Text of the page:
Newspaper article The Christian Science Monitor

Unearth a Winter Treat: Roasted Root Vegetables ; Winter Root Vegetables Are Ideal for High-Heat Roasting, Which Seals in Delicious Flavor

Newspaper article The Christian Science Monitor

Unearth a Winter Treat: Roasted Root Vegetables ; Winter Root Vegetables Are Ideal for High-Heat Roasting, Which Seals in Delicious Flavor

Article excerpt

I can almost say that I look forward to the dark, cold, winter months. I enjoy lighting a wood fire in the morning when the sun is still hours from lighting up the sky, and I look forward to winter dishes in the evenings.

Among my favorites is oven-roasted root vegetables. They are perfect for the winter months, when the produce section is filled with expensive and not-so-appealing vegetables imported from such faraway places as Chile and New Zealand. Root vegetables, however, are domestic - and plentiful. And when they're prepared with care and skill, they can be very pleasing to the palate.

The microwave oven was the worst thing that ever happened to vegetables. It heats so quickly that it's easy to overcook them. Even 30 seconds too long can adversely affect their texture, nutrition, and flavor.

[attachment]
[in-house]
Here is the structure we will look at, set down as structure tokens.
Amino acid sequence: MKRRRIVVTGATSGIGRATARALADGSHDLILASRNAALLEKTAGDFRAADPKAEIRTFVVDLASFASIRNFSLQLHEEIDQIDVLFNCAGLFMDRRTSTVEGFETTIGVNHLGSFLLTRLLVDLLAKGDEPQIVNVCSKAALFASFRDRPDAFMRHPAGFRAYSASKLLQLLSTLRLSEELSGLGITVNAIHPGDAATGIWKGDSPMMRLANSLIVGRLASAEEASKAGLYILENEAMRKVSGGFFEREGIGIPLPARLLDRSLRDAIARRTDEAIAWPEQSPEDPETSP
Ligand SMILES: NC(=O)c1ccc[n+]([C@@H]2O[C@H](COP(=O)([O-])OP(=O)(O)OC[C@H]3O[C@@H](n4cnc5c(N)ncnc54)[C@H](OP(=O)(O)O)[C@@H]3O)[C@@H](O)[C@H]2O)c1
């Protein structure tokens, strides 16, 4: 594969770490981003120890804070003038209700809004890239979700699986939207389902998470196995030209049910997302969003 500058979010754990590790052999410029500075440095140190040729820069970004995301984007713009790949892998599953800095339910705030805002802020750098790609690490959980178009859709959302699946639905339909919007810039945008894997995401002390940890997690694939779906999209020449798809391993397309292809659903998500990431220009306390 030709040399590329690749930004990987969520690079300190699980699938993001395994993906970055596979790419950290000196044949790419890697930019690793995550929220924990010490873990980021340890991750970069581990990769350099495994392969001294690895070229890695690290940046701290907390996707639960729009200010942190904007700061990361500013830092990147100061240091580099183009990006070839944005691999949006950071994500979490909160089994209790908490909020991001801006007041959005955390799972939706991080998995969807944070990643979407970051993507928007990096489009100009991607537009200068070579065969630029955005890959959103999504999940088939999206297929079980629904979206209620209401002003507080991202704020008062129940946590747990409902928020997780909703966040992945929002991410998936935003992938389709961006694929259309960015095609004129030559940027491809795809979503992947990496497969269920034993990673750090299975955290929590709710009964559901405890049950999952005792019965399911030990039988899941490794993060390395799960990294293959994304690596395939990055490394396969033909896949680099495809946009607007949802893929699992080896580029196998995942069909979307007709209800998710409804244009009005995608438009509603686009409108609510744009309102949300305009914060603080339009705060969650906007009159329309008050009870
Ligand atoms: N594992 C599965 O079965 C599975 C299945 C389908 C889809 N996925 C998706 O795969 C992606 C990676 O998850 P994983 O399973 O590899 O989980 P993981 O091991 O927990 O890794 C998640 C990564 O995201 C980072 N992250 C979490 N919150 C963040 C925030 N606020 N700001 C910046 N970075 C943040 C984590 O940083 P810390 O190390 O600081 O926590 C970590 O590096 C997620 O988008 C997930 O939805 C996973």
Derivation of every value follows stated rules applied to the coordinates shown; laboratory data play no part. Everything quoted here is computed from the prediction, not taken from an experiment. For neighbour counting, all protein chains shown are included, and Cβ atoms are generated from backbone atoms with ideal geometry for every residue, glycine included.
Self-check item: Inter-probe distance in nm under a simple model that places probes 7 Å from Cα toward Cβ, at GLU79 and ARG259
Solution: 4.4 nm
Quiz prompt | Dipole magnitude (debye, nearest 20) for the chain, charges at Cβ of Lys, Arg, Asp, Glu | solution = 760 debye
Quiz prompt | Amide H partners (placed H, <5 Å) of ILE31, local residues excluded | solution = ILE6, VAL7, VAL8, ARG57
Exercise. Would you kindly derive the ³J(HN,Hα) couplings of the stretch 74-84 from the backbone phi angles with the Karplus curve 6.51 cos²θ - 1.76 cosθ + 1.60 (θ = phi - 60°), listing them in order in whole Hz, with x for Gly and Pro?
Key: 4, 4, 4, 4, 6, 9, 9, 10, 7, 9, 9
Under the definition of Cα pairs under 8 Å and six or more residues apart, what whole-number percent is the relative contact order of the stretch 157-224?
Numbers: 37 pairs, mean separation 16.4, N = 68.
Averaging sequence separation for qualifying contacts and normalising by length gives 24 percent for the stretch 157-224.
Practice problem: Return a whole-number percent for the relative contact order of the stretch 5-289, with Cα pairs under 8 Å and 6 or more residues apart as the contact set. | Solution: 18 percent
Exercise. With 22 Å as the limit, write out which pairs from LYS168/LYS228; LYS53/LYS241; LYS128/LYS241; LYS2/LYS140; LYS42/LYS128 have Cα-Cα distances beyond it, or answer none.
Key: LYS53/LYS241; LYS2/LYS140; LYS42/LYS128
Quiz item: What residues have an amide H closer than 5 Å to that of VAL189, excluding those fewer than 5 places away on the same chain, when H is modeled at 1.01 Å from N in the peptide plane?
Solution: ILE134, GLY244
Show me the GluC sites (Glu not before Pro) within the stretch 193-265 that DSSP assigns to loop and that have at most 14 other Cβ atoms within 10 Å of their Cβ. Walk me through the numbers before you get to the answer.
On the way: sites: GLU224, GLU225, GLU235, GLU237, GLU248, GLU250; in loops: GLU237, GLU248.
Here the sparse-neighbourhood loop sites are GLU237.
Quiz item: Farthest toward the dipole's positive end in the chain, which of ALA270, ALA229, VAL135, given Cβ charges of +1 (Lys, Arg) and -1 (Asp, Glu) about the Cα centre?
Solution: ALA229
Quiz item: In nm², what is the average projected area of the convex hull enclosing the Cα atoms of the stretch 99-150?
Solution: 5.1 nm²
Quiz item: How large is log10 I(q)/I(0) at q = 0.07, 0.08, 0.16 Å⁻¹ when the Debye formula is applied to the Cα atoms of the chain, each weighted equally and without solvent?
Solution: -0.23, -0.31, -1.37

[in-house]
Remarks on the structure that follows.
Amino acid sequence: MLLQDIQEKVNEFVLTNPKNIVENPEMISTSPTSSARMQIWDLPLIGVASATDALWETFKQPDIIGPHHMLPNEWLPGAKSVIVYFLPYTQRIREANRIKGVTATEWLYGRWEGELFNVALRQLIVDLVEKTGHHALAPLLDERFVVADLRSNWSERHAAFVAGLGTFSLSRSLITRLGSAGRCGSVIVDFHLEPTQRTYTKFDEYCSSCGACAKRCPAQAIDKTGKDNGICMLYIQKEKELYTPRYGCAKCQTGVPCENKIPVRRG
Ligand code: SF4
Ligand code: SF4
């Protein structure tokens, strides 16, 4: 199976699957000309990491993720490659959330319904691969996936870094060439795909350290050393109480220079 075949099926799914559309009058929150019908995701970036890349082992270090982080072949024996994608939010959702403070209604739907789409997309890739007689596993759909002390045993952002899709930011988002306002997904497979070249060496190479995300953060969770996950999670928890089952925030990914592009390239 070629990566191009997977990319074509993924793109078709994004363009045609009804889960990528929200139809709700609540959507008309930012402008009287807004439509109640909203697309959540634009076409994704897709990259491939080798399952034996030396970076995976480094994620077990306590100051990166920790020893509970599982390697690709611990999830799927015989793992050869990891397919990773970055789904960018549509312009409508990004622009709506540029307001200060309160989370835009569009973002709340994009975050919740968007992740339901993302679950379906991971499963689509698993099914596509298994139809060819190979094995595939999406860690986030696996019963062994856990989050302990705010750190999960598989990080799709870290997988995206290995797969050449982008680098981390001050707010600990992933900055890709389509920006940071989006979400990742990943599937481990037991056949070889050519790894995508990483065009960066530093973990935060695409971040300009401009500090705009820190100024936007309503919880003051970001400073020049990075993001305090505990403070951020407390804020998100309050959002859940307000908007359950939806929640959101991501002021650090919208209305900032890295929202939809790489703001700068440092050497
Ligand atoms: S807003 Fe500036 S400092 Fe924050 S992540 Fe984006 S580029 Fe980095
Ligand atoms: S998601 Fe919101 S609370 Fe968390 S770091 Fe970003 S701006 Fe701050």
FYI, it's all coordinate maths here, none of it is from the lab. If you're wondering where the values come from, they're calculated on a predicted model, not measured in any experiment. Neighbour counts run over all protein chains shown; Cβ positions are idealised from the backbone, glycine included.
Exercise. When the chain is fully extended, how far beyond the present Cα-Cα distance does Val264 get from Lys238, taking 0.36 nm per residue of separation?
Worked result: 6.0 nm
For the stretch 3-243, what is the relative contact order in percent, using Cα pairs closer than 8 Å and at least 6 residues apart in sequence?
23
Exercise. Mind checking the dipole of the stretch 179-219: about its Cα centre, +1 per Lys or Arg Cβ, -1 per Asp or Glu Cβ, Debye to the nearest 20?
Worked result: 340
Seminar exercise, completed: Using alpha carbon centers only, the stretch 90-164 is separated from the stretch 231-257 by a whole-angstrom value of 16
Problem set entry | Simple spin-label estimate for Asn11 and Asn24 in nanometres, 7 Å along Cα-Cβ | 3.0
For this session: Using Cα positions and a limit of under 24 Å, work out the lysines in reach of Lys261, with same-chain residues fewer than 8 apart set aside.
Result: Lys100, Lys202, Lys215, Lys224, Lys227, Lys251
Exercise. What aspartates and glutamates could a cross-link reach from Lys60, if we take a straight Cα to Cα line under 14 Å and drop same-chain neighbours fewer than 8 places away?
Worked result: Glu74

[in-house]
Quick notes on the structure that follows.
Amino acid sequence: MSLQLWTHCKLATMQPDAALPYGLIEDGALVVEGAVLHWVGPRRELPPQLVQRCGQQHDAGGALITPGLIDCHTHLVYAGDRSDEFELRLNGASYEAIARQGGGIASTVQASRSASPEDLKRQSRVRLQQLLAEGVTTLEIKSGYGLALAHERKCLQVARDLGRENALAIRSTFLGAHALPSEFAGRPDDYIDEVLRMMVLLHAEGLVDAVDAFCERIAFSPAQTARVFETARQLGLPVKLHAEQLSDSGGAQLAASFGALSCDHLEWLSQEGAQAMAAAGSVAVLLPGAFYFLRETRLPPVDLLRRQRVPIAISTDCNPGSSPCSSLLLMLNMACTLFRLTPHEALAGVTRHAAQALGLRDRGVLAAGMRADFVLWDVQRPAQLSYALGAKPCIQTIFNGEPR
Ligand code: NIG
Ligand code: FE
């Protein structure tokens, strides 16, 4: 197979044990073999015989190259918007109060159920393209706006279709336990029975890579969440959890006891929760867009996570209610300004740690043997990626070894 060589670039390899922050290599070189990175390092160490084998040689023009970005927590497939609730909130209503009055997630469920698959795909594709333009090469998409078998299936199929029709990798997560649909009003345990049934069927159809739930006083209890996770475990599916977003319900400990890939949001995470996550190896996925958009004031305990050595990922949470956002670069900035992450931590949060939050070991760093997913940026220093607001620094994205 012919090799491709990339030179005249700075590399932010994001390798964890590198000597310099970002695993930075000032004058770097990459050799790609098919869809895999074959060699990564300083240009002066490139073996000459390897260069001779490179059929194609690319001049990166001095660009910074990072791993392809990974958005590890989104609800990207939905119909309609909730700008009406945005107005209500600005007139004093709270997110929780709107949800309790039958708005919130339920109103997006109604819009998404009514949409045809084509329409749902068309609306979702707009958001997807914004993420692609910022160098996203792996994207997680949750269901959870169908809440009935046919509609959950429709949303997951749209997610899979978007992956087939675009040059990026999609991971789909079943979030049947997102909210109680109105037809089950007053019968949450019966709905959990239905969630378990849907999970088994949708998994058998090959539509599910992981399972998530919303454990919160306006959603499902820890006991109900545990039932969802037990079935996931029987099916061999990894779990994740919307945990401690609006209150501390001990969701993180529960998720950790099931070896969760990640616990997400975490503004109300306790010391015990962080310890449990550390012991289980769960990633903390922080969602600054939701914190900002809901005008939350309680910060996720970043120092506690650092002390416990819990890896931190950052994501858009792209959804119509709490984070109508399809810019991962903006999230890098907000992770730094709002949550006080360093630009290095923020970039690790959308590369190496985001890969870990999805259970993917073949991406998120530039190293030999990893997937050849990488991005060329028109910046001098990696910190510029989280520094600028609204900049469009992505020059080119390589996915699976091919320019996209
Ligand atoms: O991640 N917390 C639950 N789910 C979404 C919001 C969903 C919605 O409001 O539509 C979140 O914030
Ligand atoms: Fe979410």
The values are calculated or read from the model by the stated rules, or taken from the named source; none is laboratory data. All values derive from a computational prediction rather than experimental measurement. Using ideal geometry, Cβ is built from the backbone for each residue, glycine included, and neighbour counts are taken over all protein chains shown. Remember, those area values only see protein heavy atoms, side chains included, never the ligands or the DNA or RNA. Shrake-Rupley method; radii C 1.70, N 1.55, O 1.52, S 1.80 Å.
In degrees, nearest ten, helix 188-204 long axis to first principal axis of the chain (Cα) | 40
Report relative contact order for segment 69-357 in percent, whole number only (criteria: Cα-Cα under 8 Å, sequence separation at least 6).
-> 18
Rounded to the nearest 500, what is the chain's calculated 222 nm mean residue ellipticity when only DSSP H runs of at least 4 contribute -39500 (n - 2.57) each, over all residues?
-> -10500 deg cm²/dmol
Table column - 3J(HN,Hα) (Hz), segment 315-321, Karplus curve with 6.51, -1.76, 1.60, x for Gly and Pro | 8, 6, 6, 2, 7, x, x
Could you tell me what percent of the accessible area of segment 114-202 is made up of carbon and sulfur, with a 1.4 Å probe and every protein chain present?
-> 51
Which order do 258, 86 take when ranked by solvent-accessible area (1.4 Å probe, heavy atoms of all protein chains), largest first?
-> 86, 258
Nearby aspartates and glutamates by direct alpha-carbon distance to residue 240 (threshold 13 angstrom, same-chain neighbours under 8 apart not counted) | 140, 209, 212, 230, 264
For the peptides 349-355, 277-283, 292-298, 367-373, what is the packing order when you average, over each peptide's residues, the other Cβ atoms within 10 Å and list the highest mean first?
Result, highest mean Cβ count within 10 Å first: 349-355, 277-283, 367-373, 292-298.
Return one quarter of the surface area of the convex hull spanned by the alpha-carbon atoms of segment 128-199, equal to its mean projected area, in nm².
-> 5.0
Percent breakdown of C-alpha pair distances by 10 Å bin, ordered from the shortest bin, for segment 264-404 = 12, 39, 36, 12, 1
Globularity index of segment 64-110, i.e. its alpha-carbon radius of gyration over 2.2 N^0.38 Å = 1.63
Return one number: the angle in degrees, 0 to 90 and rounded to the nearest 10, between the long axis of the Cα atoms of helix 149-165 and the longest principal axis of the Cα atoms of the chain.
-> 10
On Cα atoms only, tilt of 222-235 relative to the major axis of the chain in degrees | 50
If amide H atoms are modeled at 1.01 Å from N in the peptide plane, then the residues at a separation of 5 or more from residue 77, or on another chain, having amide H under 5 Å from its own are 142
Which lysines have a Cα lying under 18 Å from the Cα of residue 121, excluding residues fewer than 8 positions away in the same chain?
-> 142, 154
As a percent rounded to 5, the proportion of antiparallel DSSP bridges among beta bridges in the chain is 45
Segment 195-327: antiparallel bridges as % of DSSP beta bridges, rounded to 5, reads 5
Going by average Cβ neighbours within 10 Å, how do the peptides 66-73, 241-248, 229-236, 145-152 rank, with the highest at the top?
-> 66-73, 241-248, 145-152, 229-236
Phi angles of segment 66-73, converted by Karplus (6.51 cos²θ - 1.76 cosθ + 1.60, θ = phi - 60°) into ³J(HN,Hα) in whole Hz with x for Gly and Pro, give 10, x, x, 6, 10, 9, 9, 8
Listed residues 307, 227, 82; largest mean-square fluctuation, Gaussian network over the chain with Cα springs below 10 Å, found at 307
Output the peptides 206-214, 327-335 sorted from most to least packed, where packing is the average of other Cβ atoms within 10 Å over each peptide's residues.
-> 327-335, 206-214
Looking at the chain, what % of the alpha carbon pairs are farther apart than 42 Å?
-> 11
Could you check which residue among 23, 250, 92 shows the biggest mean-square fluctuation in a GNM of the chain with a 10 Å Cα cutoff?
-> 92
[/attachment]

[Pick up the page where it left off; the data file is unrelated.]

But complex flavors do develop when vegetables are cooked in high, dry heat - such as frying, stir-frying, and roasting. High heat without moisture activates the browning, or Maillard reaction, caramelizing the surface of the food. This is the same chemical reaction that flavors roasted meat and poultry, toasted bread, roasted nuts, and other oven-roasted foods.

Only dense and relatively low-moisture vegetables roast well - others tend to shrivel and become leathery. Most winter root vegetables are ideal candidates for high-heat roasting. Instead of drying out in the heat, they develop a brown crust that seals in moisture and delicious flavor. The moisture that does escape during roasting only intensifies vegetables' flavors.

The best root vegetables for roasting are russet potatoes, parsnips, carrots, turnips, rutabagas, and sweet potatoes. Peel all except for the russet potatoes, and then cut the vegetables into chunks. (Winter squash, though not a root vegetable, also roasts well.)

For a good mix of flavors, choose four or five different vegetables - not including onion and garlic, both of which are optional. Keep in mind, if you roast onions in large chunks and garlic in individual cloves, even people who dislike them can eat around them and enjoy the rest of the vegetables.

Some vegetables cook faster than others, yet you want all to be equally cooked by serving time. Cut fast-cooking vegetables, such as sweet potatoes, into larger chunks. Cut parsnips, turnips, and rutabaga into medium-size chunks, and cut slow-cooking vegetables, such as carrots and potatoes, into smaller chunks. …

Search by... Author
Show... All Results Primary Sources Peer-reviewed

Oops!

An unknown error has occurred. Please click the button below to reload the page. If the problem persists, please try again in a little while.